On the 18th Anniversary Of the Opening of Guantanamo Bay Prison

January 11, 2020

Speech Delivered at the “Justice Now: Close Guantánamo & End Torture Rally”

My nephew, Adam Arias, was murdered on 9/11 in the World Trade Center with almost 3000 other human beings.  Who did it?  We think we know.  Have they been brought to justice through fair trials?  Not yet.  Families like mine are still waiting for justice…an unthinkable 19 years after the fact.  Does it still hurt?  You bet.
Guantanamo opened 18 years ago to hold and try those responsible. But here we are almost two decades later.  And here I am back in Lafayette Park where I spoke at the 2014 Close Guantanamo Rally…now 5 years later with much the same speech.
Justice is not only required for those accused – the families of the victims have been sorely mistreated by the interminable delays and the confusing and confused legal convolutions that have marked these pre-trial hearings of the US Military Commission in Guantanamo.  Initially charged with bringing swift justice for the victims, the families and the accused, the Commission has lumbered on for years without coming to trial.  The five men accused in this instance were indicted in 2012, and although dates have frequently been set for trial, the latest being 2021, those dates have repeatedly and inevitably crept further away.
I have heard that jail cells are being modified to accept wheel chairs for the aging  prisoners. Meanwhile, many family members have died without gaining any hope of justice.  Adam’s mother, my sister, died five years ago.  Adam’s father, my brother-in-law, died two weeks ago. Justice delayed has irrevocably been denied for them.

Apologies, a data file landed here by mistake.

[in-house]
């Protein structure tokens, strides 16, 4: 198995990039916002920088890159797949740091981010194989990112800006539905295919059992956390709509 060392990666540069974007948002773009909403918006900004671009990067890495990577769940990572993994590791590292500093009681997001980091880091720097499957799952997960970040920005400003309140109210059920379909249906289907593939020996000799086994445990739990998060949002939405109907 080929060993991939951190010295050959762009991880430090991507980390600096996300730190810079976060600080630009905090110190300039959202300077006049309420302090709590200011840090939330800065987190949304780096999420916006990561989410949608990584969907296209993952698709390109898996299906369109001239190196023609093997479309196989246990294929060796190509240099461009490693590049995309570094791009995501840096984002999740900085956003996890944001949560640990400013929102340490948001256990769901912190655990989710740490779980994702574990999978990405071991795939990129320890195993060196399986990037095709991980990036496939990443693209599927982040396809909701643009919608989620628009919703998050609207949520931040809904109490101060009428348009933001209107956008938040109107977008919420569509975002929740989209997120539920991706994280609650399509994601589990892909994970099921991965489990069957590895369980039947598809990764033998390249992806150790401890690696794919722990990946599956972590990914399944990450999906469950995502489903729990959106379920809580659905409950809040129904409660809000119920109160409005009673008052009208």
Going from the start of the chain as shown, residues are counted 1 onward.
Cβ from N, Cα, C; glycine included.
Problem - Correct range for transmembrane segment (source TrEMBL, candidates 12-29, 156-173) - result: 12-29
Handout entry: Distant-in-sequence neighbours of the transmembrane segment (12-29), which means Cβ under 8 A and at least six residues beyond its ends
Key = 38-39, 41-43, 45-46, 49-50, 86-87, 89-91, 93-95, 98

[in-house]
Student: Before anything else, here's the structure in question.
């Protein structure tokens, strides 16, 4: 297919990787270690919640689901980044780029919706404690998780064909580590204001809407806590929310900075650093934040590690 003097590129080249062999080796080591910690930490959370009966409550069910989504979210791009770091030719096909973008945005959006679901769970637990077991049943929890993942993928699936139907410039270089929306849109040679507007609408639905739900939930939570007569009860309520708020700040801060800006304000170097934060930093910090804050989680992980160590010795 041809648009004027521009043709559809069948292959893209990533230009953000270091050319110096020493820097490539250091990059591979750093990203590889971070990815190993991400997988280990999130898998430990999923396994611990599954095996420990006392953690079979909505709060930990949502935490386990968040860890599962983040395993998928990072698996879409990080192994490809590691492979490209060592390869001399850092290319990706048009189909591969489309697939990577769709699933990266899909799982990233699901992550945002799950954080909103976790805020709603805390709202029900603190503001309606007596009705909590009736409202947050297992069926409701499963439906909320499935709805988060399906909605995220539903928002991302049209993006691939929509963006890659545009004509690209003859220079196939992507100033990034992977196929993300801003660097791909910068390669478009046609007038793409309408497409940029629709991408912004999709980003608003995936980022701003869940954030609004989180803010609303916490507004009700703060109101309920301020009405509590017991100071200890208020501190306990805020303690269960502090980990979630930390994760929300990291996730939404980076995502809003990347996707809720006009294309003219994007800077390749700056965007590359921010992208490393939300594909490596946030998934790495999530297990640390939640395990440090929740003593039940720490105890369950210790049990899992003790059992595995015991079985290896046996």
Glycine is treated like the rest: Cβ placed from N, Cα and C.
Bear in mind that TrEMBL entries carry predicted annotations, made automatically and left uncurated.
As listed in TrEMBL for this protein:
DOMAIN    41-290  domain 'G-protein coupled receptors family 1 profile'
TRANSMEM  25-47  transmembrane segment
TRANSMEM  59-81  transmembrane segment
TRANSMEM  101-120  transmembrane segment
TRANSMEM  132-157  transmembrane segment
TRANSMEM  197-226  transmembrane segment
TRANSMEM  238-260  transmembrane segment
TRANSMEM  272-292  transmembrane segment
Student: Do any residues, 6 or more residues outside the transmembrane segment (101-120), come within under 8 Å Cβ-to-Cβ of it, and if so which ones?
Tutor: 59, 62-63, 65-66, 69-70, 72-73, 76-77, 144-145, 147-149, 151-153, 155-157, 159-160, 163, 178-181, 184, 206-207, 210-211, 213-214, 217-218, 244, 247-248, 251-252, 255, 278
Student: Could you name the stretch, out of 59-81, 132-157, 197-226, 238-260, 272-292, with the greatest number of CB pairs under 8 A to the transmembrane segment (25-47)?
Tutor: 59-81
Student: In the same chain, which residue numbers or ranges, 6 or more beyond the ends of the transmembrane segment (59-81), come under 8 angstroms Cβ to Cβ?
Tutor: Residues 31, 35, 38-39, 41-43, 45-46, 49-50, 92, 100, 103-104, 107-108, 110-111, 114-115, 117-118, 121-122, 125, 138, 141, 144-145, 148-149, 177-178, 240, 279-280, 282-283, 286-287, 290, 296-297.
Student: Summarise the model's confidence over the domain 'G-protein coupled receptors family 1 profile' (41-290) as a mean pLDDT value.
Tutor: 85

Nineteen years after 9/11 the pain remains.  In an interview with a British film company that will be doing a documentary on the 20th anniversary of Guantanamo – yes – they are sinking their resources into that as a sure thing – I related to them my experiences of the week when Adam was lost.  To my surprise, when I began to tell them of searching for him I broke down.  Yes, it still hurts when you lose someone you love.
How I wish I could move officials in the position to expedite 9/11 justice!!! Adam’s brothers and sisters still long for it.
There is an inscription on an historic court building in New York that says, “Every law not based on wisdom is a menace to the state.”
This is true for the laws and edicts that sanctioned torture and set Guantanamo prison up, and for the restrictions Congress has placed on the transfer of prisoners. Both the laws and the place must be abolished.
When will we see real justice and close this shameful gulag? When will families like mine know justice can be done for our loved ones?
Isn’t it time we, as true Americans, resolve to close Guantanamo now and make amends to those harmed?   Haven’t we yet reached the maturity of spirit to want to live peacefully with our neighbors on this small planet?

Valerie Lucznikowska

 

Filed in: Guantanamo, Home, Restoring Rule of Law, Rule of Law: Guantanamo and Civil Liberties, Torture and Challenges to Human Rights, Valerie Lucznikowska

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